Evereska (pronounced: /ɛvɛrˈɛskɑːeh-ver-EH-ska[1], elvish: "fortress home") was a fabled valley in the Western Heartlands, one of the last realms of the elves in the north.[2] Founded in secret in -8600 DR, Evereska became a haven for the remaining Fair Folk in Faerûn.[3]


Evereska was in a valley encircled with twelve hills collectively known as the Shaeradim,[4] which were sculpted into a large terraced garden, and inhabited by moon and sun elves. The houses were worked into the landscape and it was possible to float large items in the city. Blueleaf trees covered the valley and were sculpted by magic. Weather conditions and diseases were regulated by a magical mythal. Some elves spent their time in deep caverns to create new spells.[5]


Evereska itself was situated on a large stone pedestal that rose nearly a thousand feet from the grassland below. This was encircled by the Vine Vale, which was primarily agricultural land of vineyards and orchards.[6] Outside of the vale were the Shaeradim: twelve hills that completely encircled Evereska so that it was not visible from the valley below. The valley inside of these hills and west of Evereska was the West Cwm.[7]


Hill EldersEdit


Because the hills around Evereska contained little in the way of ores, metals were imported into the city, in exchange for paintings, sculptures, crafted wooden items, and wine.[5]

Prominent trade families included Alaenree, Coudoarluth, Presrae, and Straeth (moon elves); Elond, Immeril, and Naelgrath (gold elves); and Shalandalan (sylvan elves).[9]


The warriors defending the city were equipped with enchanted armor that allowed them to fly.[5]


In Hammer, 1372 DR,[10] Evereska was attacked by freed phaerimms from Anauroch, damaging the mythal and causing further destruction. The Evereskans were able to repel the attack using magic. Afterward, a few phaerimm and elves who lost their wits in the battle wandered the Evereskan valley.[5] Almost all of the Tomb Guard were destroyed, along with many of the Vale Guard and more than half of the Swords of Evereska.[11]

After the second fall of Myth Drannor, many refugees came to Evereska but some of them were unhappy with Evereska's reclusiveness.[12]


The damage to the mythal caused it to cloak Evereska in mist or fine rain and create unpredictable magical effects, and the gardens were not tended, so they became overgrown. Many bridges in the valley were broken. The phaerimm and elves still occasionally clashed. Houses were guarded by helmed horrors and shield guardians.[5]

The survivors of the battle with the phaerimm were all younger elves, and they protected their existence violently if they encountered a threat. They regarded looters as deserving of death. Some elves traveled from other parts of Faerûn to join the remaining Evereskan elves, and some remove the remaining treasures of Evereska, moving them to safer locations.[5]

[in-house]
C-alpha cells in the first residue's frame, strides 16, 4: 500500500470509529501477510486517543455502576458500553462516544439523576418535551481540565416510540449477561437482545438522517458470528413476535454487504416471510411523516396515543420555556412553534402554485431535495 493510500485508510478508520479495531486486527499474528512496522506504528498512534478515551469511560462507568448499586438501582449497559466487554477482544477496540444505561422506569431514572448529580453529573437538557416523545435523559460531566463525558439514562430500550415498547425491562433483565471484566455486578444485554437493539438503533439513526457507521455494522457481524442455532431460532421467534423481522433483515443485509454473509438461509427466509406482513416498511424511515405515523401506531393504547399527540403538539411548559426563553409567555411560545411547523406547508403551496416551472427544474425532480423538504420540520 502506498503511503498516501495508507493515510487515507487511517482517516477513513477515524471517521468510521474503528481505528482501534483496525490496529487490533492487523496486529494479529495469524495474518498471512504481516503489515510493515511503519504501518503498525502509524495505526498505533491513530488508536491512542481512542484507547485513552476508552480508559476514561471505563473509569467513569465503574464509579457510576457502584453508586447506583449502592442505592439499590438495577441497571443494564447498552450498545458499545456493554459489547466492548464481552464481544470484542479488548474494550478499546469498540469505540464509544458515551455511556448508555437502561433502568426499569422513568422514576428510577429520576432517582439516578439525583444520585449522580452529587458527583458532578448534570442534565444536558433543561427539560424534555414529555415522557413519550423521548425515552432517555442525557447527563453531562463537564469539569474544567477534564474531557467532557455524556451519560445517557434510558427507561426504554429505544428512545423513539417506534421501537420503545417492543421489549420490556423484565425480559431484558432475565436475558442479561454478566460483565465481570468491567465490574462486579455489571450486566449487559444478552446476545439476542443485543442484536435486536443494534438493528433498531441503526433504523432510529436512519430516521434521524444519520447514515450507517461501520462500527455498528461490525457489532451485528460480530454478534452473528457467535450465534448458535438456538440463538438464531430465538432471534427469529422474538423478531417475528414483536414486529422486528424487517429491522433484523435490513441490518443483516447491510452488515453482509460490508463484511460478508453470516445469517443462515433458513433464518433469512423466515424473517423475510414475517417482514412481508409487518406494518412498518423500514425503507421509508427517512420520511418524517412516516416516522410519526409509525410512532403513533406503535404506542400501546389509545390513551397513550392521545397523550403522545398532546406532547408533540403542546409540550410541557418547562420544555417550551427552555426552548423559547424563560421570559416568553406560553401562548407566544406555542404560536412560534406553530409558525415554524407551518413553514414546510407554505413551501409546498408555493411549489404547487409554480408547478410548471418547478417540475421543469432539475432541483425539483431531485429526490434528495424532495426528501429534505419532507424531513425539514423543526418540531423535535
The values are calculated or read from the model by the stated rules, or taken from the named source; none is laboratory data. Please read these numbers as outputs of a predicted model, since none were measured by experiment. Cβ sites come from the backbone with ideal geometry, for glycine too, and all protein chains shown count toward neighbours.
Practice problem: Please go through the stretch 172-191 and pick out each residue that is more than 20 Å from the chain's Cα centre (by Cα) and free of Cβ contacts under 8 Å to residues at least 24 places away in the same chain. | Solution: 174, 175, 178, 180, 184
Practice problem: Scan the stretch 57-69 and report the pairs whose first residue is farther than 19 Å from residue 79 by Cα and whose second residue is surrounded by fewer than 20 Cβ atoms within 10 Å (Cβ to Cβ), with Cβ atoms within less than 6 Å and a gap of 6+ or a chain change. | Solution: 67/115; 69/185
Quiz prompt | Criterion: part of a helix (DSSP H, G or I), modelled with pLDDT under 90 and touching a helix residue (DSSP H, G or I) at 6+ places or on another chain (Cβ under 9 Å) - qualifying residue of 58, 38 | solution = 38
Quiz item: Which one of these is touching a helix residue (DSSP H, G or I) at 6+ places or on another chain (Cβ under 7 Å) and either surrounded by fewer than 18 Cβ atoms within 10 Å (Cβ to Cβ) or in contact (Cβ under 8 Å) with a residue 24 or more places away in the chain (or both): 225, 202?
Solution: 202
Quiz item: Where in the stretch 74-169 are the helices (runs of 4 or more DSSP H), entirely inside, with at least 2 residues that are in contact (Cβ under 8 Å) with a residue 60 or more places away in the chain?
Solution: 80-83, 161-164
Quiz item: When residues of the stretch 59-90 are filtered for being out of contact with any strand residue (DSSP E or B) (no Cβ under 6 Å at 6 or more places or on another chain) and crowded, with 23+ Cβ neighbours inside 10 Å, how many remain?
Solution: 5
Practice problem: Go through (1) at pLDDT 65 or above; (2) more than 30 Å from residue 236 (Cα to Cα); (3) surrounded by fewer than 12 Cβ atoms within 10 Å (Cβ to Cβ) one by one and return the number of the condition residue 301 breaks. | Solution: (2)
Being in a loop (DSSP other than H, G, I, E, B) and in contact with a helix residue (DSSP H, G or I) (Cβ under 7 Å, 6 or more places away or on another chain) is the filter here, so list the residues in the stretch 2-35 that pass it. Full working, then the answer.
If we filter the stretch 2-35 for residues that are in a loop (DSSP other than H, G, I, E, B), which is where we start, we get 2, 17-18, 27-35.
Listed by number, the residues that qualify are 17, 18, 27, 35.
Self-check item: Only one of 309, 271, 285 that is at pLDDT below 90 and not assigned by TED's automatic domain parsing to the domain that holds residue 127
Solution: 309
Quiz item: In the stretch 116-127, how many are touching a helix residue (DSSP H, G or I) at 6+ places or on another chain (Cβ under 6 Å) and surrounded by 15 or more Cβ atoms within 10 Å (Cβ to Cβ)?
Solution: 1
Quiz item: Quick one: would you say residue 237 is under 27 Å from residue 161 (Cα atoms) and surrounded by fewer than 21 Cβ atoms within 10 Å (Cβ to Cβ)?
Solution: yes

Notable EvereskansEdit


Evereska was home to the Hall of the Kaliesh'erai, an association of elves devoted to the study and practice of psionics.[17][18]




  1. Ed Greenwood, Julia Martin, Jeff Grubb (1993). Forgotten Realms Campaign Setting 2nd edition (revised), A Grand Tour of the Realms. (TSR, Inc), p. 92. ISBN 1-5607-6617-4.
  2. Bruce R. Cordell, Ed Greenwood, Chris Sims (August 2008). Forgotten Realms Campaign Guide. (Wizards of the Coast), pp. 130–131. ISBN 978-0-7869-4924-3.
  3. Ed Greenwood, Sean K. Reynolds, Skip Williams, Rob Heinsoo (June 2001). Forgotten Realms Campaign Setting 3rd edition. (Wizards of the Coast), p. 267. ISBN 0-7869-1836-5.
  4. Richard Baker (August 2004). Forsaken House. (Wizards of the Coast), p. 173. ISBN 0-7869-3260-0.
  5. 5.0 5.1 5.2 5.3 5.4 5.5 Rand Sharpsword (2002-10-09). More Evereska. Rand's Travelogue. Wizards of the Coast. Retrieved on 2010-10-31.
  6. Richard Baker (August 2004). Forsaken House. (Wizards of the Coast), p. 200. ISBN 0-7869-3260-0.
  7. Richard Baker (August 2004). Forsaken House. (Wizards of the Coast), p. 210. ISBN 0-7869-3260-0.
  8. Richard Baker (August 2004). Forsaken House. (Wizards of the Coast), p. 106. ISBN 0-7869-3260-0.
  9. Ed Greenwood (January 2000). “The New Adventures of Volo: Onward!”. In Dave Gross ed. Dragon #267 (Wizards of the Coast), p. 81.
  10. Ed Greenwood and Jason Carl (July 2002). Silver Marches. (Wizards of the Coast), p. 99. ISBN 0-7869-2835-2.
  11. Richard Baker (August 2004). Forsaken House. (Wizards of the Coast), p. 175. ISBN 0-7869-3260-0.
  12. Kim Mohan ed. (2015). Sword Coast Adventurer's Guide. (Wizards of the Coast), p. 82. ISBN 978-0786965809.
  13. Roger E. Moore (2001-01-25). Irilivar Celevessin. Realms Personalities. Wizards of the Coast. Retrieved on 2016-02-17.
  14. Black Isle Studios (2000). Steve Bokkes, J.E. Sawyer, John Deiley, Reg Arnedo, Matt Norton, et al. Icewind Dale.
  15. Richard Baker, James Wyatt (March 2004). Player's Guide to Faerûn. (Wizards of the Coast), p. 167. ISBN 0-7869-3134-5.
  16. Kate Novak (May 1998). “Rogues Gallery: Crew of the Realms Master”. In Dave Gross ed. Dragon #247 (TSR, Inc.), p. 79.
  17. Richard Baker, James Wyatt (March 2004). Player's Guide to Faerûn. (Wizards of the Coast), p. 172. ISBN 0-7869-3134-5.
  18. Eytan Bernstein (2007-07-03). Psionics Across the Land. Class Chronicles. Wizards of the Coast. Retrieved on 2016-05-21.